From Stabilization to Stimulus and Beyond: A Roadmap to Social and Economic Recovery

First Policy Response, April 15, 2020

16 Pages Posted: 15 May 2020

See all articles by Kate Bezanson, PhD

Kate Bezanson, PhD

Faculty of Social Sciences & Department of Sociology, Brock University

Andrew Bevan

Independent

Monica Lysack

Sheridan College

Kate Hammer

Independent

Date Written: April 6, 2020

Abstract

The COVID-19 crisis is unlike any Canada has faced in the last century. It has forced all but the most essential in-person shared services and supports to cease and many workplaces have ceased work altogether. The immediate social and economic consequences of the health crisis is requiring governments around the world and at all levels in Canada to improvise and formulate policy responses in real time. It has also jettisoned many Canadian political, jurisdictional and constitutional entrenchments about policy delivery.

The COVID-19 pandemic reveals four elements that should inform policy action in the short, medium, and long term. First, the immediate policy responses to it call for and depend upon exceptional levels of social solidarity, which require social and economic support and recognition to sustain Canadians through the crisis and beyond. Second, care is at the core of sustaining Canadians through crisis, and is key to recovering from it. Third, collaborative federalism and federal leadership has been central to the initial stabilization period to shore up the conditions for care and for social solidarity. Federal, provincial, municipal and Indigenous collaboration under federal leadership is required now to lay the foundations for economic and social recovery; a key driver of this will be girding and building a childcare system. Fourth, the road to recovery also requires social infrastructure stimulus spending that invests in building a national system of childcare, stimulating male and female employment.

Two steps should be immediately taken to build collective capacity for recovery. First, using existing bilateral agreements, funds should be transferred to permit licensed childcare services to meet their operating costs while closed in order to have capacity to reopen and reanimate the economy when the crisis lifts. Second, and crucially, the planned Childcare Secretariat should be immediately established, its terms of reference amended to reflect the necessities of the current crisis, and it should be embedded at the centre of stimulus and recovery planning.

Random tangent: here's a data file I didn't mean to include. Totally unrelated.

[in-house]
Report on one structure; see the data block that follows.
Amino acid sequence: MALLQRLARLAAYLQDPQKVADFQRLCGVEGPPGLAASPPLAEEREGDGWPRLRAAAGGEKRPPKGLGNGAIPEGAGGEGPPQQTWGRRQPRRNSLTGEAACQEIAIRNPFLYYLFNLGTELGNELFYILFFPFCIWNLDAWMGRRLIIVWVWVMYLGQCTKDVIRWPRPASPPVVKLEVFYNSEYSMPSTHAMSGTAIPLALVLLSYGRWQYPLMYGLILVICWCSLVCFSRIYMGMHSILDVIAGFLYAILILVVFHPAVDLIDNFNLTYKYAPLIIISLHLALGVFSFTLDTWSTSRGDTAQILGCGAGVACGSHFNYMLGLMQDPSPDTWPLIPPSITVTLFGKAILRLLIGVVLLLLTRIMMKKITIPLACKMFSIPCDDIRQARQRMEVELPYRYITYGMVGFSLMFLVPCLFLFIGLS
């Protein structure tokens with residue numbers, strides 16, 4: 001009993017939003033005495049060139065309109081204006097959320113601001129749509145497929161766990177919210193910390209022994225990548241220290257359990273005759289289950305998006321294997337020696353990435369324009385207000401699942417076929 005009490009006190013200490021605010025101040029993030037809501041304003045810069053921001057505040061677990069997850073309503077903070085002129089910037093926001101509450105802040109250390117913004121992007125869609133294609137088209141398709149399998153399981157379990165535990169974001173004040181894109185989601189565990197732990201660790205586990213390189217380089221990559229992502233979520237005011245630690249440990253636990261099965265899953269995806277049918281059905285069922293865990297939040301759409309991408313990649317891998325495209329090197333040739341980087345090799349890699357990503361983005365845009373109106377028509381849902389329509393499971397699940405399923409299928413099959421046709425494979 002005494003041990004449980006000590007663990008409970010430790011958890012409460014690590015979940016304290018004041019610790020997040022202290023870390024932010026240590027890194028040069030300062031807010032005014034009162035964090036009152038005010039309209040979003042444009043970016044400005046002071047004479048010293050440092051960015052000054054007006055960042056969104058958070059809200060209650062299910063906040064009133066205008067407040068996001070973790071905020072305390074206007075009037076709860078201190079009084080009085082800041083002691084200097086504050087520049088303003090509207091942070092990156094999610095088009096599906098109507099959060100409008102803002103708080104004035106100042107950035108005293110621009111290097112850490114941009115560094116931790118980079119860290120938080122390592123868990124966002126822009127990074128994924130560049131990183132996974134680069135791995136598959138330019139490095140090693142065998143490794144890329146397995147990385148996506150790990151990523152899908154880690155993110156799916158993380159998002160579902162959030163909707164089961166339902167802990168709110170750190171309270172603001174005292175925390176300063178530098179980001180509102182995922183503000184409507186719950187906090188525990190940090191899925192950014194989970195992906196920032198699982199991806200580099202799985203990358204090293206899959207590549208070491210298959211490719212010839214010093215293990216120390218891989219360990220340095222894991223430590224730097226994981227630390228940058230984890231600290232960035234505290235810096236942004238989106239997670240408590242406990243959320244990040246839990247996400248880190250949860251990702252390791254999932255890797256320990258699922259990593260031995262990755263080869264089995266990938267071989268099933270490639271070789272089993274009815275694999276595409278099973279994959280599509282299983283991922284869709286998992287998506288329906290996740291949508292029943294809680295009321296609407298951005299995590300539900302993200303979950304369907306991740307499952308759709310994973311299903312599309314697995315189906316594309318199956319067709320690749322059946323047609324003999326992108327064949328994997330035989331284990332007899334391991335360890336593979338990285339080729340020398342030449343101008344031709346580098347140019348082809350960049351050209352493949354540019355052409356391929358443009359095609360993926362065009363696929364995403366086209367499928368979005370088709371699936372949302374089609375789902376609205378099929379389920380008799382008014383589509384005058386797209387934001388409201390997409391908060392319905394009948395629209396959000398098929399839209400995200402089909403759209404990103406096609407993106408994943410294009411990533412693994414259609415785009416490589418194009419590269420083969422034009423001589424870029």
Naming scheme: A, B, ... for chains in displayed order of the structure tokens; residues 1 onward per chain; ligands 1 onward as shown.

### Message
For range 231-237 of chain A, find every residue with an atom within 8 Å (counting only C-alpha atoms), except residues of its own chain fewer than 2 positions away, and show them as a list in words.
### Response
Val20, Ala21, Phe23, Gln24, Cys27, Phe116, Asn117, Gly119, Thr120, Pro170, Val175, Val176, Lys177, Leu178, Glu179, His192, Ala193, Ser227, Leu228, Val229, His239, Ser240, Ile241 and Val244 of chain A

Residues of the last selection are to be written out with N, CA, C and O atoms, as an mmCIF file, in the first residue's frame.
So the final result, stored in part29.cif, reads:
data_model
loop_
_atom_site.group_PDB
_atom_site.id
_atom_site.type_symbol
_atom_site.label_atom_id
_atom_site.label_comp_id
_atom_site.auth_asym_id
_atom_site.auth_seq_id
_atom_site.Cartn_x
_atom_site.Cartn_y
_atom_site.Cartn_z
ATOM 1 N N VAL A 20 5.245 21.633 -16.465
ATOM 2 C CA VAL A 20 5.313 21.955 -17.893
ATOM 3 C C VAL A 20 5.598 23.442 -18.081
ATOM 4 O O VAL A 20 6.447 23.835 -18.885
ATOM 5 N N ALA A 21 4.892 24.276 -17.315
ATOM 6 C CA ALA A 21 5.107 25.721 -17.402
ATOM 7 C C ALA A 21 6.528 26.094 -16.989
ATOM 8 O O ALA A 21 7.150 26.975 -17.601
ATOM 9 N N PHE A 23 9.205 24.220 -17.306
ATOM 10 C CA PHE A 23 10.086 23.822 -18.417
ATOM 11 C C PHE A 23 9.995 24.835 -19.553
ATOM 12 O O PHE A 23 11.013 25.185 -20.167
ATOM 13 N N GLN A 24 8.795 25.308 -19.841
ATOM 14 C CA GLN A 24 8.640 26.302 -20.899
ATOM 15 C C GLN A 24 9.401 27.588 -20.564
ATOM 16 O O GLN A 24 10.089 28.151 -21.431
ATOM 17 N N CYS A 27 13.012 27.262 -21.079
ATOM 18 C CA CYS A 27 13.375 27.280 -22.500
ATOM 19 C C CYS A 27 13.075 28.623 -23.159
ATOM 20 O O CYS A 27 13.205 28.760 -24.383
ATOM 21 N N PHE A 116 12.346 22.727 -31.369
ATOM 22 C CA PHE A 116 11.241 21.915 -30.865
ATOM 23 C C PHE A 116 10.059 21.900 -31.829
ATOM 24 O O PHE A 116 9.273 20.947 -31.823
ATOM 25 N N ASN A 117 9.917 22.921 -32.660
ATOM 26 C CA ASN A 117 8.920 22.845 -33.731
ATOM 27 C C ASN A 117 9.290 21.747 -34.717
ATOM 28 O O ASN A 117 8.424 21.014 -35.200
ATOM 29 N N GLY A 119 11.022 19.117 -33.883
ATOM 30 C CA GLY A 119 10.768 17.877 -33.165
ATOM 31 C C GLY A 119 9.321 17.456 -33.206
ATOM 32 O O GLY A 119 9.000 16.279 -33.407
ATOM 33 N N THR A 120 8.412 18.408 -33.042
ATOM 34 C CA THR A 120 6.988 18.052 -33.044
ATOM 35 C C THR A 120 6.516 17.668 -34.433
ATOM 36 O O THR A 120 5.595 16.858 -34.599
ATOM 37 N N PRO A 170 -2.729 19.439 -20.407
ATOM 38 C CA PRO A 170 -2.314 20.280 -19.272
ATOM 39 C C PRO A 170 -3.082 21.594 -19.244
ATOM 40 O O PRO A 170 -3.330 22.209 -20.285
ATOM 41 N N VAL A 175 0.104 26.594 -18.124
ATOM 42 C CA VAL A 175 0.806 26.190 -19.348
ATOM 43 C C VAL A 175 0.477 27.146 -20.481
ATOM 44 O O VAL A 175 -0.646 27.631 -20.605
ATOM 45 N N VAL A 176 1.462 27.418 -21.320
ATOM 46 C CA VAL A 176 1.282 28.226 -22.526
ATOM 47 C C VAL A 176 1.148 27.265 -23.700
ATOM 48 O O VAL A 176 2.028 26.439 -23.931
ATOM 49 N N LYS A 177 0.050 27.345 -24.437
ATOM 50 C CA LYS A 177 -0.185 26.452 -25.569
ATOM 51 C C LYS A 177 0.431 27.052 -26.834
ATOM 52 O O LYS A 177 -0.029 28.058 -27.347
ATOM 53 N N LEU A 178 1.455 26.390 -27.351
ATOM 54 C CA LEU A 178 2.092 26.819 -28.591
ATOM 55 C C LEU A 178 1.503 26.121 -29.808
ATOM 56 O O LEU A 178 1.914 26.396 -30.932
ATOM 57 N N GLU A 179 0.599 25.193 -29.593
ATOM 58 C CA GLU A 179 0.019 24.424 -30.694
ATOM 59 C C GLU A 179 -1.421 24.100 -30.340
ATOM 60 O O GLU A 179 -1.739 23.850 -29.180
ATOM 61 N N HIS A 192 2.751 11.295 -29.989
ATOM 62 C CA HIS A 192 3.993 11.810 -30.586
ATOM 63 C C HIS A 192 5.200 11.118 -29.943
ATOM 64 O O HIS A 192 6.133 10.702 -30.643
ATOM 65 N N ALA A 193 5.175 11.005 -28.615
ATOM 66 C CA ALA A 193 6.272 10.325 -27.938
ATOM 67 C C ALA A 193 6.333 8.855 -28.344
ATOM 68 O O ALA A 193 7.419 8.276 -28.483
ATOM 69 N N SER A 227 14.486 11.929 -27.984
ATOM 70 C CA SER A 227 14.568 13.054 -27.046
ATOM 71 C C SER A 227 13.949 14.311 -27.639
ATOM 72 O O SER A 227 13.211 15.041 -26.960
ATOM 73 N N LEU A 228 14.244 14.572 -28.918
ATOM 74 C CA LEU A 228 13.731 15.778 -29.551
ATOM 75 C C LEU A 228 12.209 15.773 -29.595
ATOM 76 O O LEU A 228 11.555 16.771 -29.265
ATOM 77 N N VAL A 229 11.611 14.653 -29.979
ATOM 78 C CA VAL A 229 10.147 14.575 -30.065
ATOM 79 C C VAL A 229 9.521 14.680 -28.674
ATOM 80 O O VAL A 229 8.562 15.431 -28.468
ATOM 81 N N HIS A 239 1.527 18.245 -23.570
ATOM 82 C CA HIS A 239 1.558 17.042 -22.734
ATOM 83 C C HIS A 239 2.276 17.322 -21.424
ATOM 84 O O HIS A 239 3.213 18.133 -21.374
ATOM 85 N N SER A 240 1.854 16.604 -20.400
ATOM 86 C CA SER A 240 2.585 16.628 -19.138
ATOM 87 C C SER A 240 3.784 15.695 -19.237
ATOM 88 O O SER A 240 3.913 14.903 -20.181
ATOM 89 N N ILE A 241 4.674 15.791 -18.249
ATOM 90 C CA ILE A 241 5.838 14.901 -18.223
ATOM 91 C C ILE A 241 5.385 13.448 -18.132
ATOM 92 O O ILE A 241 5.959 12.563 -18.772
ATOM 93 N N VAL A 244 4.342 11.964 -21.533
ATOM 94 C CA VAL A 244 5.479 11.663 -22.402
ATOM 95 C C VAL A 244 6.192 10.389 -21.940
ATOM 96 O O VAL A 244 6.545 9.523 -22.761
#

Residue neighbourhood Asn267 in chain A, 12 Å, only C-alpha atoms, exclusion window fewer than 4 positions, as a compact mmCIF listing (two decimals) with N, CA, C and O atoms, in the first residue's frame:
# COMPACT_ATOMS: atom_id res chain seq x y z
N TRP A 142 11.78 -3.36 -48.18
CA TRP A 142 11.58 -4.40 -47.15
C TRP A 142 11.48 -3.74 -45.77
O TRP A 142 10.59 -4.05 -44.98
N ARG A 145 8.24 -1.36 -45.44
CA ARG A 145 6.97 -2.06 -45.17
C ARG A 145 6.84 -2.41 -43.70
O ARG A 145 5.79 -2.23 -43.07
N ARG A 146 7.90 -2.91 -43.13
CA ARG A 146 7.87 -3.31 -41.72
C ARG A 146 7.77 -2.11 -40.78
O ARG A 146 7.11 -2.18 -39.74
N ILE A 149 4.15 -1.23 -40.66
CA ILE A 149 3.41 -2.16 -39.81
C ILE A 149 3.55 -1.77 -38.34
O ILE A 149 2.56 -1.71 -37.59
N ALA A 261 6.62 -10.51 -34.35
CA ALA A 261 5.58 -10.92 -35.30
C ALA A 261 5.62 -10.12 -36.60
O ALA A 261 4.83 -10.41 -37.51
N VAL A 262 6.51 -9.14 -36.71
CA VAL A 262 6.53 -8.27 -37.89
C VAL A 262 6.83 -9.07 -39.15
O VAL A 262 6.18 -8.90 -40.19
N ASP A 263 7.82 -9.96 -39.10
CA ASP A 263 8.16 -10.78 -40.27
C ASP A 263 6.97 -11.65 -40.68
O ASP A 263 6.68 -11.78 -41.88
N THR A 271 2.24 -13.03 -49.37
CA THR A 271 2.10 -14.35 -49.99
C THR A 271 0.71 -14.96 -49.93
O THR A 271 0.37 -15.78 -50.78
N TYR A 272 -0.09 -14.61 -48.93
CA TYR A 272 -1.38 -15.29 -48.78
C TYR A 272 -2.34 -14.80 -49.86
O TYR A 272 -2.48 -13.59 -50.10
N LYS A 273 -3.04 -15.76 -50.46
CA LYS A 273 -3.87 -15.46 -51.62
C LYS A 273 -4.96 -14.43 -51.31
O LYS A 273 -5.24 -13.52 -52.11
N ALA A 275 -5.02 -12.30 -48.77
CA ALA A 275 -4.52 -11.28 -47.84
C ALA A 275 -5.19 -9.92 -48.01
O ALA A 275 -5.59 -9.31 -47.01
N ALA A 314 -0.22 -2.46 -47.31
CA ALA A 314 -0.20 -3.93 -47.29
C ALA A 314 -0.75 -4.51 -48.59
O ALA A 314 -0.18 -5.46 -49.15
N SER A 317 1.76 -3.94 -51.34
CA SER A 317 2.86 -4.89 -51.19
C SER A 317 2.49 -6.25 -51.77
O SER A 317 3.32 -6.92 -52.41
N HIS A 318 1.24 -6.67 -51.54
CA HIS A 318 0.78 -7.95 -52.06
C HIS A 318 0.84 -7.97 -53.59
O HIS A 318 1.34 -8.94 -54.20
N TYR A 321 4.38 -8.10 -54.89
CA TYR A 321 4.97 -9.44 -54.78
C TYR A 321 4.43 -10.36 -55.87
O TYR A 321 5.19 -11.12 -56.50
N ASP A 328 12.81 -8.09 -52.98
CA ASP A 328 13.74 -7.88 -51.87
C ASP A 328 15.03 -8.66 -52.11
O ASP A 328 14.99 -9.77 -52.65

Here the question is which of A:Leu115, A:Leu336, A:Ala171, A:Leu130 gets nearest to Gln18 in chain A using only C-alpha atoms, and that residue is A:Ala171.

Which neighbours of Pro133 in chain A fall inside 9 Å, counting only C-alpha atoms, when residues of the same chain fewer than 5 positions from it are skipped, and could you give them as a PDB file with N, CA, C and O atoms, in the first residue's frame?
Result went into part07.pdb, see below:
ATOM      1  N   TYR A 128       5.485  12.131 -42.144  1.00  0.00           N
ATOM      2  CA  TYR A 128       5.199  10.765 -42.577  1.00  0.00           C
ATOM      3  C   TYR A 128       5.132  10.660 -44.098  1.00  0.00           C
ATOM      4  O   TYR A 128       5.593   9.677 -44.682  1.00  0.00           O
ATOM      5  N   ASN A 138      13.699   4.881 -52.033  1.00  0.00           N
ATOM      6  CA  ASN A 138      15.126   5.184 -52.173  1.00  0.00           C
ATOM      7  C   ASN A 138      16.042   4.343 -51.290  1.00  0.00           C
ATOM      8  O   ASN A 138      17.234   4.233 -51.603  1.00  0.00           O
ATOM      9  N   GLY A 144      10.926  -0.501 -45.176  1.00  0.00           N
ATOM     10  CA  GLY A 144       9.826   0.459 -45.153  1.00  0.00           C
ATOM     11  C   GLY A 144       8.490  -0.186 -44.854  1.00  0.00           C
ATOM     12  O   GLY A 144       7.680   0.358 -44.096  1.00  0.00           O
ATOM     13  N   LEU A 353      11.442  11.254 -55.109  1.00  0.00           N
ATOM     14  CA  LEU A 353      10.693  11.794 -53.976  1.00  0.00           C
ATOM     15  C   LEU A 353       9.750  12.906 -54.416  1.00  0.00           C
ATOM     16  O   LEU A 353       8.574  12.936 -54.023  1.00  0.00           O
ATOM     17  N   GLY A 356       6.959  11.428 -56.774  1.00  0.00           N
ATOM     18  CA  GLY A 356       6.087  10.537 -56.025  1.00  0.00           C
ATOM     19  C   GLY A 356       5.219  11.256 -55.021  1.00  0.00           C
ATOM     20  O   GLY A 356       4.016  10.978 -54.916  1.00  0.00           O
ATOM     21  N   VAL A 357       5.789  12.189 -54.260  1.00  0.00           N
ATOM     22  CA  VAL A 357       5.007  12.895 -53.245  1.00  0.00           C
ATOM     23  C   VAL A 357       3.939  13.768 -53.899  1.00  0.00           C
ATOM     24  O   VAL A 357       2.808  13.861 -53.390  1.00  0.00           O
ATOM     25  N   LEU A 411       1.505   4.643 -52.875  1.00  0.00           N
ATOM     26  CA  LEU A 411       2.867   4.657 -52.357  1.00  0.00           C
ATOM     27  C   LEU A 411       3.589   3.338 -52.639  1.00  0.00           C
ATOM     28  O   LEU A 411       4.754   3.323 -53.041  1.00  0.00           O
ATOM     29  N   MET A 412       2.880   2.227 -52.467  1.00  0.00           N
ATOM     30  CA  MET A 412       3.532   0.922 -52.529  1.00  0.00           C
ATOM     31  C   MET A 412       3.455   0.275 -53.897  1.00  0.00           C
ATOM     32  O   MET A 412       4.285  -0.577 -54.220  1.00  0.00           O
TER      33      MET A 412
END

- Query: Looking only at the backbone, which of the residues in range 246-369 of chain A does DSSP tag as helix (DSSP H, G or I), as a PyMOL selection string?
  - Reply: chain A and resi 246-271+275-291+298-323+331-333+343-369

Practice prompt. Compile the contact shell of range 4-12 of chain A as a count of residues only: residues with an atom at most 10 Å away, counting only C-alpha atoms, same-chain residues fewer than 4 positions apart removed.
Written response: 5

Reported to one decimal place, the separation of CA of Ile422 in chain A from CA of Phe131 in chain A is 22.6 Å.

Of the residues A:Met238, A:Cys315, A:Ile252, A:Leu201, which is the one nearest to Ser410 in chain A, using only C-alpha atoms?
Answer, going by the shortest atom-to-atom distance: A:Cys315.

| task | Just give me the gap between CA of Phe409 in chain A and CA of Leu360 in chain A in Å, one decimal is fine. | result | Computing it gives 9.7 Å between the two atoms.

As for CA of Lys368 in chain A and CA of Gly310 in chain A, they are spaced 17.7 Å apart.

Keywords: COVID-19, social policy, economic policy, federalism, care, social reproduction, childcare, recovery, stabilization, stimulus

Suggested Citation

Bezanson, PhD, Kate and Bevan, Andrew and Lysack, Monica and Hammer, Kate, From Stabilization to Stimulus and Beyond: A Roadmap to Social and Economic Recovery (April 6, 2020). First Policy Response, April 15, 2020, Available at SSRN: https://ssrn.com/abstract=3580746 or http://dx.doi.org/10.2139/ssrn.3580746

Kate Bezanson, PhD (Contact Author)

Faculty of Social Sciences & Department of Sociology, Brock University ( email )

1812 Sir Isaac Brock Way
St. Catharines, Ontario L2S 3A1
Canada

Andrew Bevan

Independent ( email )

Monica Lysack

Sheridan College

Sheridan, WY
United States

Kate Hammer

Independent

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